I decided to trek Kedarkantha, not because I had it in my bucket list for a long time. It was rather an instantaneous decision that I made on accidentally coming across a picture of it on Google. Earlier I wanted to take a break from my routine office and weekend life and set on a solo backpacking trip somewhere in the North-east. But being already fascinated by the picture, on further research I came to know that it was graded under medium difficulty and was described one of the most beautiful trek in the Himalayas. So I decided I will be trekking this one solo and will be spending New Year's Eve among the Himalayas.
Kedarkantha indeed is one of the best winter treks in the Himalayas, which one could realize right from the moment when they aren't actually on the trail, but travelling in the bus to get to Sankri. The drive to Sankri (from where the Kedarkantha trek starts) is one of the most picturesque drives in the Himalayas through Mussoorie, Barkot, Purola, Mori, Netwar, Motwat; which are part of Uttarkashi district. Majority of this serpentine road twists along the Tons river valley with various breathtaking views of mountains and splendors of Mother Nature. You would not know what the windows would reveal as your drivers makes another hairpin turn along the edge of the mountain, but surely each revelation will leave you amazed at the beauty and magnificence of this place.
Naugaon, Purola, Mori are some of the major towns along, where the buses and taxis stop for taking lunch and loo brakes. Purola is prominently visible from afar owing to its colorfully painted houses, and this town as a whole appears to be a colourful painting placed among the mountains. At some point after Purola the road descend to run just beside the Tons river, where you can hear its burbling sound and can actually feel the serenity of it just by looking at its crystal clear water, describing the purity of the place it originated from and where you are headed to. The next to come are Mori and then Netwar, with Netwar being the entry point to Govind Wild life Sanctuary and National Park, within which Kedarkantha and Sankri village are located. Soon after leaving Netwar, with one having travelled for almost 7-8 hours, the excitement and desperation to reach Sankri begins.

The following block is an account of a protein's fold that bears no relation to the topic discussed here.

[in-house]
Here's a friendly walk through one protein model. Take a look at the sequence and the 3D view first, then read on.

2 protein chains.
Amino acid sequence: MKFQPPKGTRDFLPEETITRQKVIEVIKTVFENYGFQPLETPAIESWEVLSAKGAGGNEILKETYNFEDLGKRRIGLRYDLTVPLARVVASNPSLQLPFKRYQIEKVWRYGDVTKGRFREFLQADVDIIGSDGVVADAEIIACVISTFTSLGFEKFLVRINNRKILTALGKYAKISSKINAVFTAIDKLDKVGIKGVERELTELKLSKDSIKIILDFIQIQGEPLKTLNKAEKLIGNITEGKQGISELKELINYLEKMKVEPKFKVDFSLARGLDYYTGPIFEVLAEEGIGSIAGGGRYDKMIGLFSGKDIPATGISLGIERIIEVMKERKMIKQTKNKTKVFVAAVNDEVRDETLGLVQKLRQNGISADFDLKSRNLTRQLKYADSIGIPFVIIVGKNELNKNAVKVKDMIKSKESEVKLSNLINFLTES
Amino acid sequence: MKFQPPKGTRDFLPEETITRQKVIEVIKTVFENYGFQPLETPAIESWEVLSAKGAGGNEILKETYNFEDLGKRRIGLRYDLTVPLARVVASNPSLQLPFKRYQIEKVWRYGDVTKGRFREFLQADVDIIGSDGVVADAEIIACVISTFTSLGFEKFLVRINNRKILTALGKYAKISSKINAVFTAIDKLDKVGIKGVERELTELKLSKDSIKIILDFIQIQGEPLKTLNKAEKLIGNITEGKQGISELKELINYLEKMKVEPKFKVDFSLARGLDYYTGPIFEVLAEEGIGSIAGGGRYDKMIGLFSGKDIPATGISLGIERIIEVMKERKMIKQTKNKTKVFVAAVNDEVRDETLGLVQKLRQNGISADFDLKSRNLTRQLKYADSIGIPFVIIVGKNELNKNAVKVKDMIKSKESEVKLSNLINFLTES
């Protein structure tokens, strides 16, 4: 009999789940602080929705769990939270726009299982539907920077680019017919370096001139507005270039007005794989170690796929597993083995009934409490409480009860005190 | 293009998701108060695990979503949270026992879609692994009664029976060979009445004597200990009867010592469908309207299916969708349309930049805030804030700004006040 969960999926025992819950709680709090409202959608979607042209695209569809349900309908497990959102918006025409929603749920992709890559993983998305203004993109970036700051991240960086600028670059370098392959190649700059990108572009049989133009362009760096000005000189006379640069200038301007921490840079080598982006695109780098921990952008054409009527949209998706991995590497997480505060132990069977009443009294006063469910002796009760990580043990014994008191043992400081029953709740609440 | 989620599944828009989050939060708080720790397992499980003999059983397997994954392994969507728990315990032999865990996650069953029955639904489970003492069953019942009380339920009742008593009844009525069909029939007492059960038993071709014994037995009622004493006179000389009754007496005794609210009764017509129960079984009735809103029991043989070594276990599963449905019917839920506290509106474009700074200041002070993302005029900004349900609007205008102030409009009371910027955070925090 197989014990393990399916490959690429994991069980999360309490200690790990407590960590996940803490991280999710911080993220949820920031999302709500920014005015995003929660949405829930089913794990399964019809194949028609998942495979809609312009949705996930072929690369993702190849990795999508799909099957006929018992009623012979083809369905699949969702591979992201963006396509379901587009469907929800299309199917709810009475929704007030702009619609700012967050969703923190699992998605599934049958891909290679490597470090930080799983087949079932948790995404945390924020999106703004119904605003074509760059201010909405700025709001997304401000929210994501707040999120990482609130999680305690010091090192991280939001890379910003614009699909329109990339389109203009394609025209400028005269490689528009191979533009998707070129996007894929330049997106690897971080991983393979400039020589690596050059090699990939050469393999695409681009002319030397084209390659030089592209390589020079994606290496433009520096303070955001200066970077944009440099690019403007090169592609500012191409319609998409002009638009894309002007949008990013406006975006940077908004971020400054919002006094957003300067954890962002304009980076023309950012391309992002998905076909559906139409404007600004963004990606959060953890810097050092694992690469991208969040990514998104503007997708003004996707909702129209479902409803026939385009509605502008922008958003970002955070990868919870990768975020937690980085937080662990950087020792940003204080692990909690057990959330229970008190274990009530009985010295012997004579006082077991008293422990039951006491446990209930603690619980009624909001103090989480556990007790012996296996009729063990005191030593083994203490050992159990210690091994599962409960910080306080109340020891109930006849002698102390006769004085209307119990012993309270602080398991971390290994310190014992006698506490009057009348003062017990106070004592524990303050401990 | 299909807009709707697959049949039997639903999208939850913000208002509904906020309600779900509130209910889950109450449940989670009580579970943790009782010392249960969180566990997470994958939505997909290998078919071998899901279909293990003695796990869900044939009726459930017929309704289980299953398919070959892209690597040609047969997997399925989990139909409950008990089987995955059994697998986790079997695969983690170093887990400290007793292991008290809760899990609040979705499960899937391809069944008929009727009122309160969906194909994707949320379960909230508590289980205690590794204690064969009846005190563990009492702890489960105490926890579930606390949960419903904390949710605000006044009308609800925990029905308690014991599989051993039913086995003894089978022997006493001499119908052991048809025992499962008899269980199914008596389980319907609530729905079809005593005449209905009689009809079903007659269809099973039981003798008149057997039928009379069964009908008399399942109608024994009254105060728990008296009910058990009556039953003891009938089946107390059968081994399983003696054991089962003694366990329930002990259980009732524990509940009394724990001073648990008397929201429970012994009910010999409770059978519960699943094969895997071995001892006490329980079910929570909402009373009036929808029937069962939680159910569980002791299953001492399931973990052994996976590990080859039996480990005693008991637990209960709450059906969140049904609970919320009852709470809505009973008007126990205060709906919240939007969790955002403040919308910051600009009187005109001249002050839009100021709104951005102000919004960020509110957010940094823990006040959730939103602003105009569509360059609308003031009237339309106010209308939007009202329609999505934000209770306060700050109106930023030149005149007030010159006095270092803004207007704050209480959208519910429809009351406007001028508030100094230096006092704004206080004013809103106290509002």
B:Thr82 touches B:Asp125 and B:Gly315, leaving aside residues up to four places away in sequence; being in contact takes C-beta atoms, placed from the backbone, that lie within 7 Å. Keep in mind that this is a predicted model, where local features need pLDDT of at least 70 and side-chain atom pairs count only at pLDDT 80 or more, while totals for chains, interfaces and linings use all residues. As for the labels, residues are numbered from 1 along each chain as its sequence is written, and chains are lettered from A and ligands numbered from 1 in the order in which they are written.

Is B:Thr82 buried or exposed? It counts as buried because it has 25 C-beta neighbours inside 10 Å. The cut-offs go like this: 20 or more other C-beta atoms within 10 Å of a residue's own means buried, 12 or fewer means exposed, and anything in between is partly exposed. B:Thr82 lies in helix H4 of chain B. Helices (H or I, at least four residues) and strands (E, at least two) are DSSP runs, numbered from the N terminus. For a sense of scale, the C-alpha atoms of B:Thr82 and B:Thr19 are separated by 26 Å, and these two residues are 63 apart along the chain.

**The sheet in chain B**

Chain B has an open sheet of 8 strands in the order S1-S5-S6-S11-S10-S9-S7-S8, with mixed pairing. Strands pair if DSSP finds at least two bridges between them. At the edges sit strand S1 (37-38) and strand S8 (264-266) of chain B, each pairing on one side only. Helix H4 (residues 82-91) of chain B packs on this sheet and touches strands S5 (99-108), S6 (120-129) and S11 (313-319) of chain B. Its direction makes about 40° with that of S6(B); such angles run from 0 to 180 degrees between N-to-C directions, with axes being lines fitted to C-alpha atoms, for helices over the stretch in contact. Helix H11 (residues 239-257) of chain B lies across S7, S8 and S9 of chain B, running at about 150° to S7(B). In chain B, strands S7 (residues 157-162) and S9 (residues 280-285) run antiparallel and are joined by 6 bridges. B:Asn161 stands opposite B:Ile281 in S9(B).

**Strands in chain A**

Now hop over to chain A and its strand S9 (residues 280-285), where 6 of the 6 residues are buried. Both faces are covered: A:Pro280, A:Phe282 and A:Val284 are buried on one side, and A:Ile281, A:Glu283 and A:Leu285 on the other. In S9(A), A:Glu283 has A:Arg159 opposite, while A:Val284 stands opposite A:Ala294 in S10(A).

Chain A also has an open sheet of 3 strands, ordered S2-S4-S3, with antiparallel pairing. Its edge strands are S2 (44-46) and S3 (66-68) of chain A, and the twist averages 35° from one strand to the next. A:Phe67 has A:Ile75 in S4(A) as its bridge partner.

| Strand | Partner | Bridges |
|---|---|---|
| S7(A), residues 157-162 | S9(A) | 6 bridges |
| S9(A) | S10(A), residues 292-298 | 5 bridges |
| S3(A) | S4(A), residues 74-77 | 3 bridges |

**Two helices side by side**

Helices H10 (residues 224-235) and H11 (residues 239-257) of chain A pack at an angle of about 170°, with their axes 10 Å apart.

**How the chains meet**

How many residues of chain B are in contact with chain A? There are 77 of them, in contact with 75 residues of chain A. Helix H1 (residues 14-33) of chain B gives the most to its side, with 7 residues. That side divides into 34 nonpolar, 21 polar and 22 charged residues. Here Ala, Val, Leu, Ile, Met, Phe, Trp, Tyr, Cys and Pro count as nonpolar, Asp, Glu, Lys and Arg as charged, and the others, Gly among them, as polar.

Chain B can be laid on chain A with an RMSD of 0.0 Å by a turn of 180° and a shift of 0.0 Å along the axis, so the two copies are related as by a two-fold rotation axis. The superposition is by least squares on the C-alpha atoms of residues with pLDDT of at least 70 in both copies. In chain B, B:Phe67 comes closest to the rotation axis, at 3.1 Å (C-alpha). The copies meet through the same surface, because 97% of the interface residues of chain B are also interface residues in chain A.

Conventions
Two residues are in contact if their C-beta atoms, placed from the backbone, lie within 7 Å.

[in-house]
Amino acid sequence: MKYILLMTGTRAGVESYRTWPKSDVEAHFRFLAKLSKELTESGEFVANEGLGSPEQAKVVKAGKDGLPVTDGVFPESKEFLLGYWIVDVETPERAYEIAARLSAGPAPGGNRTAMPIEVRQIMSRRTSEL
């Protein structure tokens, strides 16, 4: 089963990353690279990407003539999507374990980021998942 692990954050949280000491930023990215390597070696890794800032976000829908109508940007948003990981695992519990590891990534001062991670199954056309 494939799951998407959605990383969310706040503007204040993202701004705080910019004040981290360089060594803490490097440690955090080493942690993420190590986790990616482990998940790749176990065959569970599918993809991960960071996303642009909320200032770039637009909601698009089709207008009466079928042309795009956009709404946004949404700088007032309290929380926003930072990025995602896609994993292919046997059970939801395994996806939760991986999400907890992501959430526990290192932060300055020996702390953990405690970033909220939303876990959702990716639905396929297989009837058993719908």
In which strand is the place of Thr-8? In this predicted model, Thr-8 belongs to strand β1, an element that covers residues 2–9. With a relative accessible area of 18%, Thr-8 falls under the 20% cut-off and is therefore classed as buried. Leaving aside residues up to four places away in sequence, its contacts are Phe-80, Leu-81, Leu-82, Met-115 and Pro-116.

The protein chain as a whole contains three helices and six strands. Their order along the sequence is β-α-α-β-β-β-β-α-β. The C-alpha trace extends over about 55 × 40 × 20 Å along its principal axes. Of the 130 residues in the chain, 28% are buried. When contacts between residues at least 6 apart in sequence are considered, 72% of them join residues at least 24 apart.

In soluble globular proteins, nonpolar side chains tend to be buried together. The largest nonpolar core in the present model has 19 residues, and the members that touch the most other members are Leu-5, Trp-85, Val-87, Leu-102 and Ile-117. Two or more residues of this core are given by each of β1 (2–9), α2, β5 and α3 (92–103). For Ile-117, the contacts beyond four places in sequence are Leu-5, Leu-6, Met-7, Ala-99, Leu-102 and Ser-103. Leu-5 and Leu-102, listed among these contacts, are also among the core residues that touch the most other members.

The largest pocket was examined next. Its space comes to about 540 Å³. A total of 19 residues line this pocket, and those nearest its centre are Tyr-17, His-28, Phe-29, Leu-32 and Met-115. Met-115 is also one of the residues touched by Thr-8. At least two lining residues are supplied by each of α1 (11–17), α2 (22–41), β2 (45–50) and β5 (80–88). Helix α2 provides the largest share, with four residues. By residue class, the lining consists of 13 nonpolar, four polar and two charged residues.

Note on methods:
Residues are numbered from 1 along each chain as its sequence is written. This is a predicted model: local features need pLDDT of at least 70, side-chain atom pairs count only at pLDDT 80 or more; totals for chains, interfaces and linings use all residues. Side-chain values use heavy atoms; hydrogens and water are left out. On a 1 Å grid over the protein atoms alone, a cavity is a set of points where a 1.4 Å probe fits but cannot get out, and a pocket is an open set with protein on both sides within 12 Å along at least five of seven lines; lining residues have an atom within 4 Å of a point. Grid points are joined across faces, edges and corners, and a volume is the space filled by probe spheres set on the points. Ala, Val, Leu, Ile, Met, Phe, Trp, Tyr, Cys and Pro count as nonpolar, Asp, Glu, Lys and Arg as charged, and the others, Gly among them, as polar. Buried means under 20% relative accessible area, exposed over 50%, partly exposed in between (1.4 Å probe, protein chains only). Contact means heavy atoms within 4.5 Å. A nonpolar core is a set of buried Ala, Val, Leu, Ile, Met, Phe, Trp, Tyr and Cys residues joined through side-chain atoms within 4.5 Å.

The first sight of the snow-capped mountains in the far distant is a sight to surely give you goosebumps. And now that the beauty of the Himalayas, obscured to you is revealed, you are about to reach Sankri.
I reached Sankri around 5 in the evening after an almost 11 hours journey from Dehradun. On reaching Sankri I wasn’t really tired, but rather excited about the fact that I’d be camping for the first time. I had never ever pitched a tent before in my life, but had only seen few video instructions for the tent that I was carrying. It was Quechua Arpenaz for 2, which would be my shelter for the next 3-4 days. After talking to few people about places where I could pitch my tent, I camped on the premises of a government officer’s empty rest house. I chose this place because it was just besides the main road and I felt it was a bit safe to leave my stuff there and roam around talking to the locals in the night. Also I was a bit afraid of pitching my tent anywhere else.
DAY 1. Sankri(6,450 ft.) – Juda Ka Tal(9,100 ft.)
I started off from Sankri at around 10 in the morning and took along a local boy named Gopal to be my guide for the next three days of trek. One starts from Sankri on a dirt road that further connects it to another village called Taluka; Taluka is the place from where the trek to ‘Har Ki Dun’ starts. A few hundred metre from Sankri is a small village that serves as camping site for various trek organizing companies. And a few minutes hike ahead of this place, the actual trail to Kedarkantha starts, where it takes off the road to diverge onto a steep trail into the pine forest.
Taking Gopal along turned out to be very advantageous, since he had brought along with him some food that we could cook, stove, an extra lining for my sleeping bag and also that he knew people and places on the trek. I befriended many of his friends on the trail, who were working for various trek organizing companies as porters, cooks, and so on. Some of these guys were pretty generous in offering me food and also some locally grown grass to smoke.